Desert_Drummer's reply just before mine has some good advice.  You do need endurance and stamina to play heavy metal much more than other types of drumming, although there are other types that do occasionally require a lot of power, endurance, and stamina.   Playing heavy metal is like running a marathon and doing the mile at the same time.  You have to have speed and staying power for the long run.  I'm assuming that you would be playing more than one song in whatever kind of show you would be playing.   So, I would think it would be a good idea to make sure you are as healthy as possible, and exercising might be good too.

   I'm not sure what the "stiff" part refers to.  As I'm sure you know, you must be as loose and relaxed as possible to play well and especially to play for any extended period of time.    Playing loud and with power is a matter of technique not strength.  You don't have to lift up your arm (except for showmanship) to make a loud powerful rim shot.  You just need to flick your rist.

    If you notice most really good drummers have their snare drum level, not slanted or not slanted very much.  You make take exception to this with Buddy Rich because he had his snare in different positions during his life, and in recent years, it was level.  Of course Buddy could have played it upside down and still sound great.

     So, I would try leveling the snare and put it up high enough so that if you are playing with a matched grip, all you have to do is hold your stick over the drum and then give a quick flick of the wrist and you should be able to get a nice rim shot.  You should practice that until you can do it perfectly every time.  You can change the volume by changing how you make the flick.  Harder, faster, etc.  Also, if you are playing with a traditional grip, just do the same thing, and keep practicing it until you have it mastered.

     Make sure your snare is tuned correctly!  That can make all the difference between a good resounding rim shot and a bad one.

Don

       

   
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KenSanders
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« Reply #8 on: November 18, 2007, 08:15:17 AM »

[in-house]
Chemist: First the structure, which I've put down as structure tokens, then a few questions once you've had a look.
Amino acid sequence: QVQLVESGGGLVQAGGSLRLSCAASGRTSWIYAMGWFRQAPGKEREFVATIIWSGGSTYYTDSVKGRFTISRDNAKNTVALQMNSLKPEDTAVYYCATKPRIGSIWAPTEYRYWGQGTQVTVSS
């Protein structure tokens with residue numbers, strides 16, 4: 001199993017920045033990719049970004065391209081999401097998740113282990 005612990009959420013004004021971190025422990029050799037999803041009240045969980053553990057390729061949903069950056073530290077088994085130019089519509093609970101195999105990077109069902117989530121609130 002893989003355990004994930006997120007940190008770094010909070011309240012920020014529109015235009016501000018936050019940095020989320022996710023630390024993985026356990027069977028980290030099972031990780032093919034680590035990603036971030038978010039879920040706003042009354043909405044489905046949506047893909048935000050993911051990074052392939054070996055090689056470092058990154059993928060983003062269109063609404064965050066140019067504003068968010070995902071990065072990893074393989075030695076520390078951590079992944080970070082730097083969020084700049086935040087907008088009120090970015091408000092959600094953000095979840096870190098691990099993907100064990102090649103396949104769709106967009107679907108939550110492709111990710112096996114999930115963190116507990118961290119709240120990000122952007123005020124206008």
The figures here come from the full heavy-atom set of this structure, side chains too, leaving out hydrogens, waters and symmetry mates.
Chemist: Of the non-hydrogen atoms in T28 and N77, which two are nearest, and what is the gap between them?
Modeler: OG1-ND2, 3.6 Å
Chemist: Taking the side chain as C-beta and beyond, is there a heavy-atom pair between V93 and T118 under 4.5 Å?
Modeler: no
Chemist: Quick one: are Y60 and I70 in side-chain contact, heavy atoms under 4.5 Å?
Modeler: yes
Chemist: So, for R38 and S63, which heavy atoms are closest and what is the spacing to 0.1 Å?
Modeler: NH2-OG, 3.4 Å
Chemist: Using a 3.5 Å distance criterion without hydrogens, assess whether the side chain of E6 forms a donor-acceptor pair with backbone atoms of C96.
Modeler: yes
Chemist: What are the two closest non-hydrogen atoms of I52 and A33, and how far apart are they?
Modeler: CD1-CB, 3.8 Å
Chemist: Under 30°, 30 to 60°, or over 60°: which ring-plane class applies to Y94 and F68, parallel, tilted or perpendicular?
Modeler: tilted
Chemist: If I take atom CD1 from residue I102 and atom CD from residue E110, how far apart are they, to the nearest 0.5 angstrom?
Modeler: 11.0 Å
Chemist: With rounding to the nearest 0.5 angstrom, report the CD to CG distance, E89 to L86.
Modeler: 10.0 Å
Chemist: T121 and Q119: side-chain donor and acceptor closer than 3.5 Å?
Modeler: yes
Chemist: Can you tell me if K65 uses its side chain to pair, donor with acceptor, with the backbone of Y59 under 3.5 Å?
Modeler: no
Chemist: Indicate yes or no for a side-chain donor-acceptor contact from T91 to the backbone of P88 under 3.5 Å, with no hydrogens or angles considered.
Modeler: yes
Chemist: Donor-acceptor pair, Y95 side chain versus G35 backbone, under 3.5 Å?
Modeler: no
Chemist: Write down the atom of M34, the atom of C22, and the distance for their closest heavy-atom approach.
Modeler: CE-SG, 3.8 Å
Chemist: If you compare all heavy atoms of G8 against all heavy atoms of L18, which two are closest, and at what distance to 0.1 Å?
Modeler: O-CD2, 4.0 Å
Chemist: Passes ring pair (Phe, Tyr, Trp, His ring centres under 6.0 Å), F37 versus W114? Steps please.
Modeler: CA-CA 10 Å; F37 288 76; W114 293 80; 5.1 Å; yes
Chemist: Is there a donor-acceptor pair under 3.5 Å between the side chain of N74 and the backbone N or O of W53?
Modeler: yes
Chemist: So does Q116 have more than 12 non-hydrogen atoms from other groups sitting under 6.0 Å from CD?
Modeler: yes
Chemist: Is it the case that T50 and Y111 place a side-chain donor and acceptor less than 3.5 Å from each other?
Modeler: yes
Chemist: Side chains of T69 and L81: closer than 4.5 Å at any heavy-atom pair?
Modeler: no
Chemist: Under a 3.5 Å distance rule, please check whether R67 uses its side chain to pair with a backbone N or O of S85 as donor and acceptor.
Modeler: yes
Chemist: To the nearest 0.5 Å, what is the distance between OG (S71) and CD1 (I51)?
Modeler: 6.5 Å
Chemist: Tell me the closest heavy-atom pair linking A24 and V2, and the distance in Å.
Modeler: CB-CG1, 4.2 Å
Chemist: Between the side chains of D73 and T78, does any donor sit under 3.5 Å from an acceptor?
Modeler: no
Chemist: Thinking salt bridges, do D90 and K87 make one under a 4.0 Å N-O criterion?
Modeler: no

I agree with some of the advice already posted:

The loose grip on the sticks is a relaxed feel not a tight or stiff feel.  Here's an analogy for you.

When you throw a ball your arms and wrists are loose.  Try to throw one with your arms and wrists stiff!  You'll have NO POWER compared to the loose and relaxed throw.  The same physics apply to the drum strokes.

Rimshots, are as previously explained, a stroke when the drum head and the drum hoop, are struck stimutaneously.  With a little practice it becomes easier to do.  Depending on the force of the stroke, this "rim shot" can be played at different volume levels.  But at your max force stroke, this is the loudest stroke you can produce from your snare drum.

The stroke that was described as placed the bead of the stick on the surface of the head and then striking the hoop with the stick (while the bead of the stick stays resting on the drum head) is called "cross stick".  It makes a distinct click sound with a little bit of the drum tone resonanting from the bead of the stick resting on the drum head. This is not a powerful sounding stroke like a rim shot.

I also concur with the tip from PASHA to try heavier sticks.  I would add to that, to find a heavier stick  that are comfortable for you.  If the sticks are too big for your hands to to hold and control, then they will not help you.

I also have a blog about louder volume playing.  You might read it and see if any of those suggestions offer any additional ideas for your own consideration.

Most of all...........practice. The drummers you admire spent years developing the ability to do the things that impress you.



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Ken Sanders
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« Reply #9 on: November 18, 2007, 08:25:10 AM »

The blog I cited above is:
How can I stop breaking sticks and cymbals and heads?
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Ken Sanders
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« Reply #10 on: November 18, 2007, 07:44:42 PM »

The blog URL is:
http://www.drumsoloartist.com/live/blog/view/id_57/

Highly recommended to read this one... Actually ALL of the Kens Blogs!!